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Blackfoot River
The Blackfoot River is a tributary of the Snake River in the U.S. state of Idahomarker. Formed by the confluence of Diamond Creek and Lanes Creek, it flows to its mouth at the Snake River. The river is part of the Columbia River Basin.

The Blackfoot River's drainage basin is approximately in area. Its mean annual discharge, as measured at by USGS gage 13068501 (Combination Blackfoot River and Bypass Channel near Blackfoot, Idahomarker), is , with a maximum daily recorded flow of , and a minimum of zero flow.

The river is named for the Blackfoot Indians even though they never lived in the area. It was first mapped by the Lewis and Clark expedition.


The Blackfoot River is formed by the joining of Diamond and Lanes Creeks, in the Caribou-Targhee National Forestmarker in Caribou County near Soda Springs, Idahomarker. It flows northwest through the Blackfoot River Reservoir, which is used for irrigation and flood control, then west to join the Snake River in Bingham County.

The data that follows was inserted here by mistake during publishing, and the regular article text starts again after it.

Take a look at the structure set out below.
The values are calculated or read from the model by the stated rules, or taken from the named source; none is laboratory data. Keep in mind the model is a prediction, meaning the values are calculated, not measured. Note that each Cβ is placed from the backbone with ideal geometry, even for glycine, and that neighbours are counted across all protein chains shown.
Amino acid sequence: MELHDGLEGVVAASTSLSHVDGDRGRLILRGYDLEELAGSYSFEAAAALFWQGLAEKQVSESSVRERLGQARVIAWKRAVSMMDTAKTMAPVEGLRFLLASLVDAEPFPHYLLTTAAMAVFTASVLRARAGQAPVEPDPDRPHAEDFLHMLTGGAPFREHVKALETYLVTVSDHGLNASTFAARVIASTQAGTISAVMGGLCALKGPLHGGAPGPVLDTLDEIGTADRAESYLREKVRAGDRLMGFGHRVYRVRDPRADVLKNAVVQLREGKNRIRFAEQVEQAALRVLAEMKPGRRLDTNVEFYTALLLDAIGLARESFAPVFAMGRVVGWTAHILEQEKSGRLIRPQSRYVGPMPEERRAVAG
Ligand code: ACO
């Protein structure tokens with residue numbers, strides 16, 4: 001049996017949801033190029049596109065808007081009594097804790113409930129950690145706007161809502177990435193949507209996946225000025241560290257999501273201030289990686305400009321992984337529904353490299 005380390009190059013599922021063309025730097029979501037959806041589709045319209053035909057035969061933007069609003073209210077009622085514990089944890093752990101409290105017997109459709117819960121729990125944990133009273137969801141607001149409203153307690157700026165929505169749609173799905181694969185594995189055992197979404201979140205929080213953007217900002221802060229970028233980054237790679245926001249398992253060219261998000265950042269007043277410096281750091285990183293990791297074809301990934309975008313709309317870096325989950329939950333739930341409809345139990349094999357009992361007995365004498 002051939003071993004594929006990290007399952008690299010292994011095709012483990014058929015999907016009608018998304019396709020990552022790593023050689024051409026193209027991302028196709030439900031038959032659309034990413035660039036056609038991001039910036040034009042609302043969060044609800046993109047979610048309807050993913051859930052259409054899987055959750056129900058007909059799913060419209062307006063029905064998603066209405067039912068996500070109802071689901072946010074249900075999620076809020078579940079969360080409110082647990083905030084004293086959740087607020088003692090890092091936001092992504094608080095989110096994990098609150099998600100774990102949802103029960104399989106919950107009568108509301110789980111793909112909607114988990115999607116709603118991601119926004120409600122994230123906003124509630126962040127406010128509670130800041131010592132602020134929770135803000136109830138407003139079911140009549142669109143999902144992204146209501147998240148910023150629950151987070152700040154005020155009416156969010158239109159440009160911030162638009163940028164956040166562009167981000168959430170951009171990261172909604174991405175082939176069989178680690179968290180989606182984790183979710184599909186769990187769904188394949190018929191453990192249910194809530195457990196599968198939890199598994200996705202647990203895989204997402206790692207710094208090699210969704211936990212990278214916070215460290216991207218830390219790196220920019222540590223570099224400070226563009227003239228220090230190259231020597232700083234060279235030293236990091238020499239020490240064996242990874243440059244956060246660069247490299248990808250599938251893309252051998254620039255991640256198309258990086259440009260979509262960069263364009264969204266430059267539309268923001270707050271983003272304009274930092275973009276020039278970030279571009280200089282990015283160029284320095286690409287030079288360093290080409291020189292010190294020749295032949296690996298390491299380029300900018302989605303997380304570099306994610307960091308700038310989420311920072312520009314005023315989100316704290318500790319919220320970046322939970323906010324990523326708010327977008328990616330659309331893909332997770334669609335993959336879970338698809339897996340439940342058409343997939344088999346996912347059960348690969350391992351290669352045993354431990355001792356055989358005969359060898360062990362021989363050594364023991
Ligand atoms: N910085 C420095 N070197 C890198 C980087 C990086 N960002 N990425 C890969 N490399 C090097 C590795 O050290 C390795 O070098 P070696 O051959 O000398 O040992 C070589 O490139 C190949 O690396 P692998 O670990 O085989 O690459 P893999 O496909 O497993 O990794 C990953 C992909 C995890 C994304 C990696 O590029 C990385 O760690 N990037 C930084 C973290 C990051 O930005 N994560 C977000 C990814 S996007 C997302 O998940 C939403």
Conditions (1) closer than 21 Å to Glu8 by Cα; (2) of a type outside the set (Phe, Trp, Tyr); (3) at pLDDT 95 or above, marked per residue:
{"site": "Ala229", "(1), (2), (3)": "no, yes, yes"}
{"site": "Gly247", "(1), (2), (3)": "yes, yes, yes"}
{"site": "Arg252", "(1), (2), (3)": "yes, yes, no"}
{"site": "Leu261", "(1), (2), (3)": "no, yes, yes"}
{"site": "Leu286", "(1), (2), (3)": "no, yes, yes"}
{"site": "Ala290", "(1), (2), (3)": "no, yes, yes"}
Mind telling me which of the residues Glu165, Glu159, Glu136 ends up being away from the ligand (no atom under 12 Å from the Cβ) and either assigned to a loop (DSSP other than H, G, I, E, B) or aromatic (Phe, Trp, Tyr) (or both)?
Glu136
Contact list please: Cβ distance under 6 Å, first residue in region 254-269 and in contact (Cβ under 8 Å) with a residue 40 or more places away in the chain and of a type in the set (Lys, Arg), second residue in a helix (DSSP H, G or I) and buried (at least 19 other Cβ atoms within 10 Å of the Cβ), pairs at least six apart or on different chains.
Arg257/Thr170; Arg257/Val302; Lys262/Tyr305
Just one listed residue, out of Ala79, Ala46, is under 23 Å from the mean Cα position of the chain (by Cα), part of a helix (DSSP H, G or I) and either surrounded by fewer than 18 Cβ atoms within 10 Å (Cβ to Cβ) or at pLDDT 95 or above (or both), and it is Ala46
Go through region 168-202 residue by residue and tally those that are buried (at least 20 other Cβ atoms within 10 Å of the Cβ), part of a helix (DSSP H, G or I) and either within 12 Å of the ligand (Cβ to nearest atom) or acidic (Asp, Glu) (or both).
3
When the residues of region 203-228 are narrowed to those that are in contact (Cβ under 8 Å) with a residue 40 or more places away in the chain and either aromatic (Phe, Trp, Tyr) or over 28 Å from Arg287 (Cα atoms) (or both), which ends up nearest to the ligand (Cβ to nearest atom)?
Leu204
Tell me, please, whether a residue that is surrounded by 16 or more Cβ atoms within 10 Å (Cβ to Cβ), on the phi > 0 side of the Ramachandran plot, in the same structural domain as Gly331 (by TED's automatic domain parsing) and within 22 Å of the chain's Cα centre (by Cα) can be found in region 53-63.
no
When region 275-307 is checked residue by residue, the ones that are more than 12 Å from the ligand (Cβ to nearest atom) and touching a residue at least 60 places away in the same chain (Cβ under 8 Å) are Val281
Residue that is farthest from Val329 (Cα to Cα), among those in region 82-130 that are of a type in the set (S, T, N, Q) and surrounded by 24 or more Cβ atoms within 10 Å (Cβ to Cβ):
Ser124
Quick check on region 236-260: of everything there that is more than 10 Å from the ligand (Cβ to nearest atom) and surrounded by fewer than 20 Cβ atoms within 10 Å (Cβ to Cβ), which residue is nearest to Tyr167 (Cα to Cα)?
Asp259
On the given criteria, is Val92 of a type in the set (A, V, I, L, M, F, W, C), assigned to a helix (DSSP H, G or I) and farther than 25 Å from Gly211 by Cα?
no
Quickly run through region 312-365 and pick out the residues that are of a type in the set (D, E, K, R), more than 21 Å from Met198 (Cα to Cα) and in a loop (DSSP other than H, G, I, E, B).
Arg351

The Blackfoot River's headwaters are very close to the headwaters of the Bear River and the Portneuf River. All three begin in a few square miles of relatively flat land near Soda Springs, from which some headwater streams flow north to the Blackfoot River, others south to the Bear River, and others west to the Portneuf River.


The region the Blackfoot River flows through is covered in all its lowest portions with flows of basalt which had their origin in the Blackfoot-Gem Valley lava field. The Blackfoot River flows from open marsh and grass lands near its source into the Blackfoot Narrows. The Blackfoot Narrows traverses a desert canyon of primarily sagebrush and juniper habitat: an excellent place to view birds of prey. Fishing for trout is usually good.

See also


  1. Upper Snake, Headwaters, Closed Basin Subbasins Plan Plan, Northwest Power and Conservation Council
  2. Upper Snake River basin between Idaho Falls and Neeley (includes Willow Creek, Blackfoot and Portneuf River basins), Water Resources Data, Idaho, 2005

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